Framed in forests of mangrove trees, the shell mounds and ridges of Mound Key rise more than 30 feet above the waters of Estero Bay. Prehistoric Native Americans known as the Calusa were non-agricultural hunting and gathering chiefdom that dominated the waters of southwest Florida for over 2,000 years. Mound Key is believed to have been the ceremonial center of the Calusa Indians when the Spaniards first attempted to colonize Southwest Florida. In 1566, the Spanish governor of Florida established a settlement on the island with a fort and the first Jesuit mission in the Spanish New World. The settlement was abandoned three years later after violent clashes with the Indians. The only access to the island is by boat; there are no facilities. Interpretive displays can be found along a trail that spans the width of the island. Located in Estero Bay, several miles by boat from Koreshan State Historic Site or Lovers Key State Park.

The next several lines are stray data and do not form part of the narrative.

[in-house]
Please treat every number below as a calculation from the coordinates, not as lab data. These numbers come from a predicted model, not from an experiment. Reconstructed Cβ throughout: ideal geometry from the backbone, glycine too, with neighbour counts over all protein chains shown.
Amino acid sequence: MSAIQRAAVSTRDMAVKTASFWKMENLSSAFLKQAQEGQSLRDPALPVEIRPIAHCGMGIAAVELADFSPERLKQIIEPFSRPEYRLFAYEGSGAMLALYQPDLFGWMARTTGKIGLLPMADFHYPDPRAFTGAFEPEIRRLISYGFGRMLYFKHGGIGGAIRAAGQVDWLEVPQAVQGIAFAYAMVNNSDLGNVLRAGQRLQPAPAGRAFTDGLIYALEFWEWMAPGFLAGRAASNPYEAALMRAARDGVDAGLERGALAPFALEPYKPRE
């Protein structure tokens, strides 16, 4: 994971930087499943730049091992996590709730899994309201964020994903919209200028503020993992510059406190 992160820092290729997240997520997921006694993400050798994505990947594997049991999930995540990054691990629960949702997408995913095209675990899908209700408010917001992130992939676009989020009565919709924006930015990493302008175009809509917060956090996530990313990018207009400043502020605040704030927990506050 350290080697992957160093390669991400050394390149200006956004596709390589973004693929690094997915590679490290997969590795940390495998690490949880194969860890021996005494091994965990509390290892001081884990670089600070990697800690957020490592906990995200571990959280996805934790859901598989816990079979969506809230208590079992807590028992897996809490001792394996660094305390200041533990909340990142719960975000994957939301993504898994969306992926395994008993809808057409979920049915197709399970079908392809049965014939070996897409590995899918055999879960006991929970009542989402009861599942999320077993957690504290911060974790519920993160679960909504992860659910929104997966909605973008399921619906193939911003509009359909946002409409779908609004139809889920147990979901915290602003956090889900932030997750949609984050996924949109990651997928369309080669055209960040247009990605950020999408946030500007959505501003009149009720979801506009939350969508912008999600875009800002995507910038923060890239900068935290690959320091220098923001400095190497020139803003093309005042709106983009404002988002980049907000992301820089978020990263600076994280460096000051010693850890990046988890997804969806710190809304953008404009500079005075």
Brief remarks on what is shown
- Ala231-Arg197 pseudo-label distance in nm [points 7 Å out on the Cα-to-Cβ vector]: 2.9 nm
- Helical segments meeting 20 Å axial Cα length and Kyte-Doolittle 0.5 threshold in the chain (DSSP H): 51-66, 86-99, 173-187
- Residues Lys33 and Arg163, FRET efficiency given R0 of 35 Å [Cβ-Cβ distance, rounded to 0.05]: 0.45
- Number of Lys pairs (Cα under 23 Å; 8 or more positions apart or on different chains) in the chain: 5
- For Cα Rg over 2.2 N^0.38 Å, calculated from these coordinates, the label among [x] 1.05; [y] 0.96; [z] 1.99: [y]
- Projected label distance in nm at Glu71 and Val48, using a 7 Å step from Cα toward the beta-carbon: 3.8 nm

Directions to Mound Key Archaeological State Park
Mound Key is accessible by boat only. It can be reached by the Estero River and accessed at the Koreshan State Historic Sites boat ramp. It is approximately 3.5 miles from the boat ramp to the island. Also Lovers Key State Park on Estero Island offers a boat ramp which can be used as a starting point.
Mound Key Coordinates